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Pretty Beach Public School

Pretty Beach Public School

Quality Education, Unique Environment

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Pretty Beach Public School
Opening Picnic 1927

Pretty Beach Public School - Opening Picnic 1927

A history of Pretty Beach Public School was supplied by the Department of Education in 1977 for the school's 50th anniversary celebrations. The following is an extract from a letter supplied by the Department of Education in 1977 and concerns only matters which came to the attention of the Department.

An application for the establishment of a public school at Pretty Beach Extension (or Hardy's Bay), together with a strongly worded letter from the Wagstaff and Pretty Beach Progress Association outlining the reasons for the proposal, was made on 7th January 1925. The application was signed by 25 parents on behalf of 52 children aged between three and thirteen years of age. Previous requests for a school dating from 1921 have been declined on two previous occasions.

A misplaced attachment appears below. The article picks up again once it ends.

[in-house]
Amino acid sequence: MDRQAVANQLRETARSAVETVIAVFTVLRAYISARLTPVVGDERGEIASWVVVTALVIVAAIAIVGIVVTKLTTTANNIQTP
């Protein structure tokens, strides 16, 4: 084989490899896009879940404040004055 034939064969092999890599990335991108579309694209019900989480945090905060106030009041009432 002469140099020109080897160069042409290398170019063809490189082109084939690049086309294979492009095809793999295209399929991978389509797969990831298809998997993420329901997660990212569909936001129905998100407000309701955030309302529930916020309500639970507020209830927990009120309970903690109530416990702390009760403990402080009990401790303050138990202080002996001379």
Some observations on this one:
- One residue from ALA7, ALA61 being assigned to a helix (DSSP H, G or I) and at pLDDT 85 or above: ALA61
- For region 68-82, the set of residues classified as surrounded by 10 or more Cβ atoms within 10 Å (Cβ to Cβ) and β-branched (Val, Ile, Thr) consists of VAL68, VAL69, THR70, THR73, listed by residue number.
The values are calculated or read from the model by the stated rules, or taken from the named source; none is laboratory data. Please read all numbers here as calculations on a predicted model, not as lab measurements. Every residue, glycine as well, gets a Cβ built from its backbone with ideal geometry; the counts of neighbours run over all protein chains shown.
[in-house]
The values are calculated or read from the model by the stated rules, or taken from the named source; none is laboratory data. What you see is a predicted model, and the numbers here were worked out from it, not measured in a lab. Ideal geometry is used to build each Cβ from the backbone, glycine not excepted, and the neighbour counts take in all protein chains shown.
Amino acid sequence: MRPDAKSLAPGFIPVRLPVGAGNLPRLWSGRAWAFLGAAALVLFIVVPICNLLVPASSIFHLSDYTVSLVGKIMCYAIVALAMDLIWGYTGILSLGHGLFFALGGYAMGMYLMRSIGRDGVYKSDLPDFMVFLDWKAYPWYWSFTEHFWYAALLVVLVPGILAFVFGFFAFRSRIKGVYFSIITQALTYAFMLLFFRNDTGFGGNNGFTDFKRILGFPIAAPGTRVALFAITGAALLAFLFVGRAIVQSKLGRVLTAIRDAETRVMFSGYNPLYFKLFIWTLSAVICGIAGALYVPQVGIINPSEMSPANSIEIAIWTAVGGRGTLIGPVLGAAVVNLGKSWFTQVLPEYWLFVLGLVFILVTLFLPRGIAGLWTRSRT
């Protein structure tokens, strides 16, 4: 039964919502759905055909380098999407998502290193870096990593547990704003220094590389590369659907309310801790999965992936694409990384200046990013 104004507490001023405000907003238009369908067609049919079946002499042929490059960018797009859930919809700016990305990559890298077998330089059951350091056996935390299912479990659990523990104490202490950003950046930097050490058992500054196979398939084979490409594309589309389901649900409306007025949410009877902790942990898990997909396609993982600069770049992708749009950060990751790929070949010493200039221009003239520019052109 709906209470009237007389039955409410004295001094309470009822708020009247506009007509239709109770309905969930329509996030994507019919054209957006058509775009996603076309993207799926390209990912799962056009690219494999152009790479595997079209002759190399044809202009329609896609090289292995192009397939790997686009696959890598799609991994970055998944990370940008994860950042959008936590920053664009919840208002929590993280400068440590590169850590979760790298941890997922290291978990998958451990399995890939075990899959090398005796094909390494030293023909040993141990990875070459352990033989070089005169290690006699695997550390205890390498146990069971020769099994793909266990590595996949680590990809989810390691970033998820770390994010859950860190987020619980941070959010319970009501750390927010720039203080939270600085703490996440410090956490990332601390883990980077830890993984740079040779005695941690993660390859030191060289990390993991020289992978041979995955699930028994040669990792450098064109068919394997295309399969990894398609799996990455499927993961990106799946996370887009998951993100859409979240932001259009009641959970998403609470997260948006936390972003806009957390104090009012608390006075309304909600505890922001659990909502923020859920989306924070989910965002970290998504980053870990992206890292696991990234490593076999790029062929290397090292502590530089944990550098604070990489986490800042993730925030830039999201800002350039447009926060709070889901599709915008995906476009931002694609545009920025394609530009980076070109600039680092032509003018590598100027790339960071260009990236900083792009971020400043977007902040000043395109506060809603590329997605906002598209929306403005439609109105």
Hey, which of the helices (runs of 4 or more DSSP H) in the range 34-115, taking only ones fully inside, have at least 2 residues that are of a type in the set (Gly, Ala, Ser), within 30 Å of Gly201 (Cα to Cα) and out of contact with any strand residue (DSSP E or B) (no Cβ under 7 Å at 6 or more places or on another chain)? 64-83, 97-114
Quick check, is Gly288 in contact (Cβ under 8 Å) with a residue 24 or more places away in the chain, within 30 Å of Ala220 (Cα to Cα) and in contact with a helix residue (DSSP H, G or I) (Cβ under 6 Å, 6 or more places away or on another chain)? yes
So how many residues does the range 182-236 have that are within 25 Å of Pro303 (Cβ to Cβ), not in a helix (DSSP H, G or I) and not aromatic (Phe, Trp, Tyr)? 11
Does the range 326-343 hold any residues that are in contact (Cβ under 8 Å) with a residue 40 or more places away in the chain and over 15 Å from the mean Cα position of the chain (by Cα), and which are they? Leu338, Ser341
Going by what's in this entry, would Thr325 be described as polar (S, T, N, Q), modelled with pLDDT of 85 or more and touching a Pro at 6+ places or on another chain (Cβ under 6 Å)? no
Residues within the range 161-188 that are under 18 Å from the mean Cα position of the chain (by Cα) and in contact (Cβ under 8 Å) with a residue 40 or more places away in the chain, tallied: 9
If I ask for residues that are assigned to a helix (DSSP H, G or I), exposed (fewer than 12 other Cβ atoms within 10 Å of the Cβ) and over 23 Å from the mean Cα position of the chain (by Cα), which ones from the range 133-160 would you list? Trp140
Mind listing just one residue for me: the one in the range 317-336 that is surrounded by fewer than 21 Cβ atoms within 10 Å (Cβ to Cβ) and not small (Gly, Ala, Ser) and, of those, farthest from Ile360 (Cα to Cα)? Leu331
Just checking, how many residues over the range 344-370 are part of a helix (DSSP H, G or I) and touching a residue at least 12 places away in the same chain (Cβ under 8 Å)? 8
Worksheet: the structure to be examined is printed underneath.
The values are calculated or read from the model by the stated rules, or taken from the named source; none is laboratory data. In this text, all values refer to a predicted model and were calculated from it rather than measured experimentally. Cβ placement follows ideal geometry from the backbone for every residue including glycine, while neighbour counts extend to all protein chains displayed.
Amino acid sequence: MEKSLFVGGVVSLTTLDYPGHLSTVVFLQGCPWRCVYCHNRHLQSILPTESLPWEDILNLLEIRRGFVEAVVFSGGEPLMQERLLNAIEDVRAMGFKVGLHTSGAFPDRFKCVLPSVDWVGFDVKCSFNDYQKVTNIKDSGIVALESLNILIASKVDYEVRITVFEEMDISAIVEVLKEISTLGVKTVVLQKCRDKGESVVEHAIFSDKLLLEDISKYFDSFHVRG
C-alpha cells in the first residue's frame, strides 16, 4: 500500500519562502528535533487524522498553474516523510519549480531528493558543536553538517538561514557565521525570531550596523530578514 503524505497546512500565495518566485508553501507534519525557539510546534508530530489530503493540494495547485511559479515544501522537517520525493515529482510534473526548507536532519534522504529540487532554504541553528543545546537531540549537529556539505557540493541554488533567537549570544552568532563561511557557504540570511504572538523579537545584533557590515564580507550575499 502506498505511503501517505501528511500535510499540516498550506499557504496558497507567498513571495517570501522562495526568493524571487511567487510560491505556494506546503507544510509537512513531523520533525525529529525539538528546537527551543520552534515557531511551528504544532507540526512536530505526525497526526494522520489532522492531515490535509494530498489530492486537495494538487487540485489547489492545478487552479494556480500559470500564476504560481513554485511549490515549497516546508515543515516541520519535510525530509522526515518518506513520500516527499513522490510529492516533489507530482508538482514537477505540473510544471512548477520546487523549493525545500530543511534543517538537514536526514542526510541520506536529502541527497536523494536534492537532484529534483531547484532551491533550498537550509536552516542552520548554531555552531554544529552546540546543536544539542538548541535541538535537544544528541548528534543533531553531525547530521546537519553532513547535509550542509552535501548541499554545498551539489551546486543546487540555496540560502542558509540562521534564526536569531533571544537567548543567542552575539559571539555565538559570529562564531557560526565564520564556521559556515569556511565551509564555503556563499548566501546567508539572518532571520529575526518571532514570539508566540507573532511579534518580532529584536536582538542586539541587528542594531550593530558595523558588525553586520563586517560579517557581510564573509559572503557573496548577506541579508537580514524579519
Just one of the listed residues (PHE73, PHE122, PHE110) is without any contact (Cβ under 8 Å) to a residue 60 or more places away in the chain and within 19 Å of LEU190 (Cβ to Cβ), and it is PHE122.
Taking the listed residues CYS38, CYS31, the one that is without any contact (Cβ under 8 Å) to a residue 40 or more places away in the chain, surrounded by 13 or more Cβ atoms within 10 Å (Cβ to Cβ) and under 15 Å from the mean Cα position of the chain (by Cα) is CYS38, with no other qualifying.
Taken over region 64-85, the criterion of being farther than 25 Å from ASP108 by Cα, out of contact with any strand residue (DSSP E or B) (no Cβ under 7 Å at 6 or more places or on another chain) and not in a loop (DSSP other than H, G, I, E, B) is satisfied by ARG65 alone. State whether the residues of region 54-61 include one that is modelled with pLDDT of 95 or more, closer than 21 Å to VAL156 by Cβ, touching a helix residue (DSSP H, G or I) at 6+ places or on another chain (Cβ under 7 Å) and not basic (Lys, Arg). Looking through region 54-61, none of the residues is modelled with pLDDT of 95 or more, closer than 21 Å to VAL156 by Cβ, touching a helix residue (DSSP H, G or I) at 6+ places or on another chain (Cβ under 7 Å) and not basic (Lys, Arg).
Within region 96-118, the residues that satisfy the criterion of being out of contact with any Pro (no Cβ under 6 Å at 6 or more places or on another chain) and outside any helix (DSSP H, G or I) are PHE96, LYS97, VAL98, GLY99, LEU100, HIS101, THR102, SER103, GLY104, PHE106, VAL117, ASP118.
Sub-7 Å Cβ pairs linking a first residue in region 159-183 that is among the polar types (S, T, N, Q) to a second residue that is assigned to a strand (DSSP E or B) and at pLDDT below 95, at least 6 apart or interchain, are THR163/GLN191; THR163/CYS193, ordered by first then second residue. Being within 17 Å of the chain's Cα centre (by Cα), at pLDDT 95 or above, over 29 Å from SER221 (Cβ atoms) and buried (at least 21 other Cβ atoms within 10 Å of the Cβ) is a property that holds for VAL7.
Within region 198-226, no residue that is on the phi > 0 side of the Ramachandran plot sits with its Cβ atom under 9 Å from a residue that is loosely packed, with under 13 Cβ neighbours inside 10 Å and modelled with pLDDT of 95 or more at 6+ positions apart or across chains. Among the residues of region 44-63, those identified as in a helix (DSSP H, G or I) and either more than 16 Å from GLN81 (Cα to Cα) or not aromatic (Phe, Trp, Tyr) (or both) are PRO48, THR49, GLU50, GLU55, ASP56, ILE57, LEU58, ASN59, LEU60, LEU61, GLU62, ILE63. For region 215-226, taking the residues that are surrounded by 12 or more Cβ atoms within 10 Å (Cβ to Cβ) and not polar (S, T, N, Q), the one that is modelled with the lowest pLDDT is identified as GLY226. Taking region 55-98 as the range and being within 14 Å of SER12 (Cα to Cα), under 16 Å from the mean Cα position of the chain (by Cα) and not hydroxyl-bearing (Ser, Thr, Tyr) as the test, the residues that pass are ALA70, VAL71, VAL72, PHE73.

(The letter) stated that children from Pretty Beach, Hardy's Bay and Killcare were picked up by launch which left Wagstaff Point at 8:00 a.m. daily. After a run of 51/2 miles Woy Woy was reached at 9:10 a.m. if on schedule. From this point a half-mile walk was required to reach the school. The return journey was made by motor bus from Woy Woy to Ettalong Jetty. The children needed to be at the Jetty by 4:00 p.m. in order to catch the afternoon launch service. School hours were thus cut by at least 50 minutes per day, and the parents complained that their children were disadvantaged by this. In winter, trips were made in bitterly cold conditions on open expanses of water, and the exposure of the children to accidents along this waterway route was a source of great concern to parents.